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Keats scholar finds that Roman police investigated poet before death

<span>Photograph: Hulton Archive/Getty Images</span>
Photograph: Hulton Archive/Getty Images

Roman police investigated John Keats shortly before his death, newly discovered 19th-century archive documents reveal.

Keats scholar Alessandro Gallenzi discovered an entry in Roman police registers about the poet, under the misspelt name “John Xeats”. He was recorded as being under investigation, after his landlady asked for him to be removed from her house because he had not disclosed to her that he had tuberculosis. At the time, tuberculosis was considered to be contagious in Rome, so it would have been difficult and expensive for Keats to find accommodation had he been honest about his illness.

The English poet began experiencing shortness of breath and lung haemorrhages in 1820, and his doctors advised him to take an ocean voyage. He set sail for Rome with his friend Joseph Severn, and they arrived on 15 November 1820.

There, Keats was diagnosed with tuberculosis by his doctor, James Clark, who helped his patient find lodgings with a woman who lived across the road, Anna Angeletti.

Related: John Keats: five poets on his best poems, 200 years since his death

In December 1820, Keats experienced “a spitting of blood in such quantity,” wrote Severn, “that he declared it to be a forerunner of his death”. Alarmed, Angeletti filed a complaint with the local police magistrate, Stanislao del Drago, asking for Keats to be removed from her house or, should he die, for her to be reimbursed for the costs incurred by the posthumous sanitisation of Keats’ lodgings.

Gallenzi uncovered that on 18 December, del Drago filed a police report at the head office, and the police opened a case, adding Keats’ name to the investigations register. On 19 December, the governor of Rome, Tommaso Bernetti, forwarded Angeletti’s petition along with a letter to the secretary of the Sacra Consulta, which dealt with public health cases.

Severn heard about the investigation from Clark at four o’clock in the morning on 24 December. On 27 December, the secretary of the Sacra Consulta wrote to special adviser Domenico Morichini, a prominent doctor who the prior year was asked for an opinion on Napoleon’s health.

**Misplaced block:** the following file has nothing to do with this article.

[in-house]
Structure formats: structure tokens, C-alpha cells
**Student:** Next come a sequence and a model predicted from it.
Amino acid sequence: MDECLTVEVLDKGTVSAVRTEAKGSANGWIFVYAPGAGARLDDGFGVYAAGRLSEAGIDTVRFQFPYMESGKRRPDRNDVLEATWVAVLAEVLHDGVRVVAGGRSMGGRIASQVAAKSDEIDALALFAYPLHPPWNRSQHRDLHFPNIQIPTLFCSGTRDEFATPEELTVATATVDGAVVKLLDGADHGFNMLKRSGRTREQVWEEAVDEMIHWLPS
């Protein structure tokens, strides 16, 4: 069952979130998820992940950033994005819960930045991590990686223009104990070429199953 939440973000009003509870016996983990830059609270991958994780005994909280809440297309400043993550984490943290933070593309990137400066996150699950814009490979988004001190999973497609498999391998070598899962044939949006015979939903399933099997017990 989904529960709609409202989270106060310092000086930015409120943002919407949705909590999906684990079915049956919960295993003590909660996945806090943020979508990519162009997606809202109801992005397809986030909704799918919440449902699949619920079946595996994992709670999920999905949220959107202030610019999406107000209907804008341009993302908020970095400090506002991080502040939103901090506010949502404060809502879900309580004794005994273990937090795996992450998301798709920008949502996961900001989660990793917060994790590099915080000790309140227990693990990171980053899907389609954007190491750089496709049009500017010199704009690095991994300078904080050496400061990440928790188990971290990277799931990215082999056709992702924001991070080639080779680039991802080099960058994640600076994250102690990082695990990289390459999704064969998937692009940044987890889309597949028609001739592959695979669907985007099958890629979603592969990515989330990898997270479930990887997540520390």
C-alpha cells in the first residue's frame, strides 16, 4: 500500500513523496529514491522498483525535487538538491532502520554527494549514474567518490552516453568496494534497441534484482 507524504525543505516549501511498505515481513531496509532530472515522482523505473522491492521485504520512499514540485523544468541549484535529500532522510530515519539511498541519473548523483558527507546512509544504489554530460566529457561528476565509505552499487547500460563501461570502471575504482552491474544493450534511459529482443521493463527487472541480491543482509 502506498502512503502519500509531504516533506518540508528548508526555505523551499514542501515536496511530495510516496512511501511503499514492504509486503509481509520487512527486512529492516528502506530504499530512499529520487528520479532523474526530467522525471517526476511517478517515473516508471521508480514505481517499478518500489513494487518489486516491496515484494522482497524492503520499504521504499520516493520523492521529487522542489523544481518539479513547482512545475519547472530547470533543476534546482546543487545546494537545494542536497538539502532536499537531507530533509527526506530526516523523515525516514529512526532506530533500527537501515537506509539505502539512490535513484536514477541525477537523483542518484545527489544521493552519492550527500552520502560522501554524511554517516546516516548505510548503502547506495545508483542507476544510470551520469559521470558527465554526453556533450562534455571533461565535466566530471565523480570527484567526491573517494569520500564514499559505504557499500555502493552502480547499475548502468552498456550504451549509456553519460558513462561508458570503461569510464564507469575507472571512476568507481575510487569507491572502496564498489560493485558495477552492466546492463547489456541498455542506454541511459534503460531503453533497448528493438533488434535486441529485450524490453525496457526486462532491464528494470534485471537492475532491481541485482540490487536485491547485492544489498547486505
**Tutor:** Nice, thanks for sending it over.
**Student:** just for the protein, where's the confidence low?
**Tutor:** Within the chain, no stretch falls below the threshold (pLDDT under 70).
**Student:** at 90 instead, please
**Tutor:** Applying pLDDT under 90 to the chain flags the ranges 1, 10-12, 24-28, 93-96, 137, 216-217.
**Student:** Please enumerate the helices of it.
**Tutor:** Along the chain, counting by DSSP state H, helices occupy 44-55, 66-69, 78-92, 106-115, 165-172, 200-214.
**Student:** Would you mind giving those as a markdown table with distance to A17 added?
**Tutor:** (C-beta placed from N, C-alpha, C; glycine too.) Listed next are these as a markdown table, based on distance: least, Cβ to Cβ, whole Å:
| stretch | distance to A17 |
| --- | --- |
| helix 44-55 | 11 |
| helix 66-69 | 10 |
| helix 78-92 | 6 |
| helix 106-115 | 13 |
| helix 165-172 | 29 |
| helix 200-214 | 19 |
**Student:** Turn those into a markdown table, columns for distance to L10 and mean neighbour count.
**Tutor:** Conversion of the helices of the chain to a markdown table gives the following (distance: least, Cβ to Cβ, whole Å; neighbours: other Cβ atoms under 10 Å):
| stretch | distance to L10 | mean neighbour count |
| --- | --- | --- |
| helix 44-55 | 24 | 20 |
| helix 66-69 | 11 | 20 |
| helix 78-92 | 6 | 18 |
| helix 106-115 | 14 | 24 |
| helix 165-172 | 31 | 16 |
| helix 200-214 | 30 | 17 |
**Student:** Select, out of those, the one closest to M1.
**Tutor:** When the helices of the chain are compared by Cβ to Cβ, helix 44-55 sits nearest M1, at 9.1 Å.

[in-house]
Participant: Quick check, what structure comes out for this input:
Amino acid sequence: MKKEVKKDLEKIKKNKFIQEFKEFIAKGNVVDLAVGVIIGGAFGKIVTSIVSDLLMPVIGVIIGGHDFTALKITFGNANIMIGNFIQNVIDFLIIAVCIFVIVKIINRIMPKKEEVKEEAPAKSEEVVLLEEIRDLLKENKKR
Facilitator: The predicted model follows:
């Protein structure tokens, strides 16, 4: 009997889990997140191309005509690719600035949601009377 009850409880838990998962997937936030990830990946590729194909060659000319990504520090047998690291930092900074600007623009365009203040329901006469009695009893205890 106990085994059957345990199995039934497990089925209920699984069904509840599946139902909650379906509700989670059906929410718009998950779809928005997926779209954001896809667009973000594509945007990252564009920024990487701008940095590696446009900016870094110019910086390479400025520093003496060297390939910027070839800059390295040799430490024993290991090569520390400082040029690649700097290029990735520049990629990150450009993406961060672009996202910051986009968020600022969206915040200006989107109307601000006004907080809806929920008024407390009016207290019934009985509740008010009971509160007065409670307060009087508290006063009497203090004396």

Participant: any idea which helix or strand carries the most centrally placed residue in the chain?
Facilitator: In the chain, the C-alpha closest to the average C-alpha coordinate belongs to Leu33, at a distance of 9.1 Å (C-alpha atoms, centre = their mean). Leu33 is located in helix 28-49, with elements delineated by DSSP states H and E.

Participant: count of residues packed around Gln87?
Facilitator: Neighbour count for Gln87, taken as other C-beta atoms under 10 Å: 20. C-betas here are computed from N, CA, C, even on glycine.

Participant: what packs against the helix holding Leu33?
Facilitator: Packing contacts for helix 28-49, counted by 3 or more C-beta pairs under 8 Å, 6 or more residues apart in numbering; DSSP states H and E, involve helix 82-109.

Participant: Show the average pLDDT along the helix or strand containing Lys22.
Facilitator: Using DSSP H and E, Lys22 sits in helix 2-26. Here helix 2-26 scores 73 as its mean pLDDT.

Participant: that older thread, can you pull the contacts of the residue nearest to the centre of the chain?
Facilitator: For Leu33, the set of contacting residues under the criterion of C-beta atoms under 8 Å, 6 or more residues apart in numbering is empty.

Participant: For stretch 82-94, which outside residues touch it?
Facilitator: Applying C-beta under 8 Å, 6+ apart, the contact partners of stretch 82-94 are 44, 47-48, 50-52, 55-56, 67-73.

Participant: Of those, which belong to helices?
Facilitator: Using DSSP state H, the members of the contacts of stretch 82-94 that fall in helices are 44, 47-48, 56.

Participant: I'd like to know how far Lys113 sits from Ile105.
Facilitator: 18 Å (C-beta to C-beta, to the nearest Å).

Morichini met with Clark, and wrote back to the Sacra Consulta to assure them that appropriate sanitation measures would be taken, including the destruction of all Keats’ furniture, the disposal of wools and cottons, the scraping of the floors and whitewashing of walls.

The letter also stated that Clark would make sure that any costs would be reimbursed to the landlady. Keats was “completely broke” at the time, explained Gallenzi, and so the letter reveals “how good” Clark was towards the poet.

While it was previously known that Angeletti filed a police complaint, this was only established from a “passing reference” in one of Severn’s letters, said Gallenzi. It is only now that Angeletti’s letter and the entry in the police register has been found, confirming that Keats had been under investigation.

Keats died on 23 February 1821, at the age of 25. An autopsy was conducted the following day by doctors including Clark and an Italian surgeon, possibly Morichini, which confirmed that the poet died of tuberculosis. His rooms were sanitised, and the furniture was burnt outside the house.

Gallenzi found the files in the Archivio di Stato di Roma. He had written a book about the poet, Written in Water: Keats’s Final Journey, remotely during the pandemic. Preparing to write the second edition, he was able to spend some time in Rome, where he tracked down the documents after “weeks and weeks” of correspondence with archivists.

“No one had suspected that they still existed, that they’ve been preserved, so I think they are an important discovery,” said Gallenzi. The scholar now hopes that he will find Keats’ autopsy report, which he believes would be “exceedingly interesting”.